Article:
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March 20, NYSNA NYC Office








March 22 March 22 & 23, NYSNA NYC Office April 4, NYSNA NYC Office April 5 & 6, NYSNA NYC Office April 23, Albany May 8, Albany June 5, Albany

Save the Date: Seminar at Sea May 12 - 19, 2019

NYC H+H & MAYORAL EXECUTIVE COUNCIL CHAIRS RNS: • Naomi Greene, Administration for Children’s Services • Todd Schultz, Bellevue Hospital Center • Jovana Woodley, Coler Specialty Hospital & Nursing Facility • Ray Briggs, Coney Island Hospital • Audrey Morgan, Correctional Health Services • Florence Exinor, Cumberland D & T Center • Keysha Morris, Department of Correction • Theresa Minarik, Department of Sanitation • Patricia Morris, Dr. Susan Smith McKinney Nursing & Rehab Ctr • Deborah Gatson, East NY D & T Center • Pauline Williams, Elmhurst Hospital Center • James Ambery, Fire Department • Kittie McGee, Harlem Hospital Center • Grace Lee, Gouverneur Healthcare Services • Peter Pacheco, Henry J. Carter Specialty Hosp. & Nursing Facility • Rivka Elyahu, HHC Health and Home Care • Yelena Levin, Human Resources Administration • Mary Simon, Jacobi Medical Center • Curlean Duncan, Kings County Hospital Center • Marsha Wilson, Lincoln Medical and Mental Health Center • Charles Mighty, Metropolitan Hospital Center • Nicole Smith Ferguson, Morrisania D & T Center • Lynne Sanderson Burgess, Police Department • Sharon Greenaway, North Central Bronx Hospital • Lindella Artman, Queens Hospital Center • Stephen Nartey, Renaissance Healthcare Network • Kimberly Yeo, Sea View Hospital Rehabilitation Center & Home • Natalie Solomon, Segundo Ruiz Belvis D&TC • Judith Cutchin, Woodhull Medical & Mental Health Center

GET ANSWERS/STAY IN TOUCH Dental benefit questions:, 877-238-6200 Prescription benefit questions:, 888-691-0130 For all other benefits:, 888-692-7671 NYSNA NYC Office:, 212 785 0157



MARCH 2018




Lincoln Hospital nurses celebrate with local City Council Member, Rafael Salamanca Jr., at a February Lunch & Learn meeting

Winning New Positions and Respect at Lincoln Hospital

and gave testimony and evidence of the need for additional staffing, as well as the disrespect they face all too often.

A couple of years ago, a new administration came to Lincoln Hospital, and the frontline nurses were not happy with all of the decisions they made. “The new leadership reduced staff, including ancillary staff, and eliminated agency nurses,” said Sonia Lawrence, RN, LBU Vice President. “The acute care floors were hit the hardest. The patient census is up and because we’re short-staffed, nurses are trying to fill the gaps by coming in on their days off without a rest period.”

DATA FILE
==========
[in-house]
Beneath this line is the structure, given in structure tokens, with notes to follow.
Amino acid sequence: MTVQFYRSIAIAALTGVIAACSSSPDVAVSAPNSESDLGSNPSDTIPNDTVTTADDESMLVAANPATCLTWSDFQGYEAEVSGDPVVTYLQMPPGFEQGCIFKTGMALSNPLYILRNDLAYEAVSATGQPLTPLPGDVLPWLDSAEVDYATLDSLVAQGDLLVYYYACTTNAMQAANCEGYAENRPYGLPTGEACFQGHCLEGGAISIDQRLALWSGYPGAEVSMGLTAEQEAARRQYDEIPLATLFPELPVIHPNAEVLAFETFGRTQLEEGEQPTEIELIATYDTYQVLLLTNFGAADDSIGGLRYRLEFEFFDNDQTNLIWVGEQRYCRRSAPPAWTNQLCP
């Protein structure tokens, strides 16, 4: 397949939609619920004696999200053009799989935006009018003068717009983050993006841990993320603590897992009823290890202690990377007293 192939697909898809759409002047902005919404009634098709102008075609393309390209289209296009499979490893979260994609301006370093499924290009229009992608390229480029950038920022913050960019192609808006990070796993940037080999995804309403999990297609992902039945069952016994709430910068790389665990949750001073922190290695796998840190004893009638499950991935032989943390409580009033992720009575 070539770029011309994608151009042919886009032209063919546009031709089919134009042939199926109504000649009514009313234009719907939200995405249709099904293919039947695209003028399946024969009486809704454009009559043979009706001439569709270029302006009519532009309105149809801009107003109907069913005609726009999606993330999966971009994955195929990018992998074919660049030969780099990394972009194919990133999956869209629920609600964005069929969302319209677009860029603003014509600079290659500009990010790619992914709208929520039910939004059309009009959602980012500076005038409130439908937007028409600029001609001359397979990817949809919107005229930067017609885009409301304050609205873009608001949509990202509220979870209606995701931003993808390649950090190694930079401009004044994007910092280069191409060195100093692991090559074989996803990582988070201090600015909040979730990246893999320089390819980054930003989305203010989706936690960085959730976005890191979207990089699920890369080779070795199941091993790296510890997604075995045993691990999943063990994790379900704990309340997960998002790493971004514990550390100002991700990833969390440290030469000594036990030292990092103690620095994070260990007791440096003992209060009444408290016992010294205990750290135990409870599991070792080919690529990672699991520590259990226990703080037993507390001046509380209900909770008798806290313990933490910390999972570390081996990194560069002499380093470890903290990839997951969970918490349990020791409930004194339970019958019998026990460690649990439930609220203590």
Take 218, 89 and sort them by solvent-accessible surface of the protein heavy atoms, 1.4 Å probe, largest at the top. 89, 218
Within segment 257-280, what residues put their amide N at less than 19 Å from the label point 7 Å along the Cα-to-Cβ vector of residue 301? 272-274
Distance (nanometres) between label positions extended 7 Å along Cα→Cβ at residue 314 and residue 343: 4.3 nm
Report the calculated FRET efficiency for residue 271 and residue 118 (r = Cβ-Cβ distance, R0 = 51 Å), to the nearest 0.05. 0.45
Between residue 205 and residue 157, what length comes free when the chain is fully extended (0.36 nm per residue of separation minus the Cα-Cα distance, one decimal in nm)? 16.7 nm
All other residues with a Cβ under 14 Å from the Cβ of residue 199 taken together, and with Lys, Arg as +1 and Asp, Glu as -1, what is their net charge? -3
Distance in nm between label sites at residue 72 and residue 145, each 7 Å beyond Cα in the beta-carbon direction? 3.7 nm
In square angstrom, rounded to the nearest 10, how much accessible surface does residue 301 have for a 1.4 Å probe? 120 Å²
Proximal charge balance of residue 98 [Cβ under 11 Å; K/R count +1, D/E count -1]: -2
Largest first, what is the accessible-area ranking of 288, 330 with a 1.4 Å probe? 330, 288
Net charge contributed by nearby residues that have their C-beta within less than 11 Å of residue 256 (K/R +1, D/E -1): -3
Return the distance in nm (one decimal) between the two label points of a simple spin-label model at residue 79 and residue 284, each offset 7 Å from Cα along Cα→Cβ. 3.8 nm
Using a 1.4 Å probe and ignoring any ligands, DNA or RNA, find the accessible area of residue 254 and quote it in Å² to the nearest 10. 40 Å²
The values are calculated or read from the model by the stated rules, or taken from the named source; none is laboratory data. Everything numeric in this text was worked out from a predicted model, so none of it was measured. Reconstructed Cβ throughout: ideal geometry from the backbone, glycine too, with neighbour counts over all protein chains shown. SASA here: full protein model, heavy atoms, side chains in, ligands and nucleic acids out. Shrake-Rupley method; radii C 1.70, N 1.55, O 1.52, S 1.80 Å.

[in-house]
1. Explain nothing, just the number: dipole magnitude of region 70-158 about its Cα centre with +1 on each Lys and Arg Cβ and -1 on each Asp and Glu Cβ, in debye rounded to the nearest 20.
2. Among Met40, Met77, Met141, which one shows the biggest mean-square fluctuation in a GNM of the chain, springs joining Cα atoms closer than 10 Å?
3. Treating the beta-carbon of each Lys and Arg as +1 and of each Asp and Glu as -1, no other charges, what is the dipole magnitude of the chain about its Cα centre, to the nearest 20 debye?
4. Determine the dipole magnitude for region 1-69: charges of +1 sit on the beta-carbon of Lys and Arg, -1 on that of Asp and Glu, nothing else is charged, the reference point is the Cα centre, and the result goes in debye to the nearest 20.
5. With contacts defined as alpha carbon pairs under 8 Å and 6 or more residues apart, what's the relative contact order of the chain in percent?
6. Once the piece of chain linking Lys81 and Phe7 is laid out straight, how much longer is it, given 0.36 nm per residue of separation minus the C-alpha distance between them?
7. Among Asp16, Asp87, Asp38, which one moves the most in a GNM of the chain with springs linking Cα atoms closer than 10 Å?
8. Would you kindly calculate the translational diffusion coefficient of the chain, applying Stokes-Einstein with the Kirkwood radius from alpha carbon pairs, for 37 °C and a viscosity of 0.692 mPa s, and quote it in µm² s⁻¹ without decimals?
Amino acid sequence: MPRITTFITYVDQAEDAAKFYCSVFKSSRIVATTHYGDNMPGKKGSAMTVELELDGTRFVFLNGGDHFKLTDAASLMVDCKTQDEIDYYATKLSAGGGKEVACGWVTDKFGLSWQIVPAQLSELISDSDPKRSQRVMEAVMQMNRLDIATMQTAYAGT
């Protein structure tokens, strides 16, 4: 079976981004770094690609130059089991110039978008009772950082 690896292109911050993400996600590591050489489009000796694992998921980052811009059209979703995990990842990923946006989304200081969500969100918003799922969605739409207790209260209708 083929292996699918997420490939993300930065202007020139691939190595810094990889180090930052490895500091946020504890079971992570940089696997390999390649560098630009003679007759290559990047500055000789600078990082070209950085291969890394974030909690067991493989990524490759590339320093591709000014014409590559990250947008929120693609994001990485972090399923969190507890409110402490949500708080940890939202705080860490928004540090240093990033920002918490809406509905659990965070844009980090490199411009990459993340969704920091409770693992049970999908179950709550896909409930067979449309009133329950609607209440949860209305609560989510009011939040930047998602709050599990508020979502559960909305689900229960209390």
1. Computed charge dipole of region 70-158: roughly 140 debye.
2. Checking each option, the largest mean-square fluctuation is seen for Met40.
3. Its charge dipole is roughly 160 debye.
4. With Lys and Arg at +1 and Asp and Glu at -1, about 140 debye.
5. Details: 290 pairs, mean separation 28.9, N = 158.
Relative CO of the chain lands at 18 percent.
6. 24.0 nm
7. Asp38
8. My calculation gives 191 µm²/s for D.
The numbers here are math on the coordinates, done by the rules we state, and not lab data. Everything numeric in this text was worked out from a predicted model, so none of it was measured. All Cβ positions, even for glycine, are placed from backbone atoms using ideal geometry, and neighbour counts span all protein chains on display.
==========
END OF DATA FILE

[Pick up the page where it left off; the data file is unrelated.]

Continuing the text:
“Nurses went in to have a conversation. If it didn’t go through the way we wanted, we were prepared to take other action,” explained Eva.

Nurses felt that they were not being included in the decisions that affect them and their patients. There was also concern that some managers lacked knowledge and were disrespectful to staff nurses. Retention was increasingly becoming a problem. Eva Calo, RN, who works in Step-Down, said, “Every administration comes with changes, and this reorganization proved to unit nurses that they need to be more involved. They have a voice. Change can happen—it’s how we go about addressing it.” Nurses from the 8th and 9th floors took action. They began organizing and gathering evidence to present to management. They scheduled a listening session with management, where dozens of nurses attended

Immediately after the meeting, Lincoln nurses saw the change. The administration filled nine new positions, and is actively recruiting for more new positions. The nurses demanded and won the removal of the Deputy Director of Nursing from managing their units. In addition to reorganizing the nursing leadership, the CNO is sending senior staff to leadership classes. Nurses are continuing to hold management accountable for their promises. After making their voices heard and winning on this issue, they are now looking towards the shared governance process to make Lincoln an even better place to work and receive care. “This can be a challenging and dynamic place to work, but the rewards are serving the community,” said Sonia. “Ultimately, we want the administration to prevent harm—work with us, so you see the problems before you need to cure them.”


that private sector hospitals and other providers are not willing provide.” Our public hospitals struggle, while private-sector hospitals reap large profits and give their executives multi-million dollar pay packages. These same private hospitals siphon off well-insured patients, avoid providing services with low reimbursement rates such as psychiatric or substance use, avoid operating in low-income communities of color, and receive billions in tax exemptions. Read more in NYSNA’s report, On Restructuring the NYC Health + Hospitals Corporation: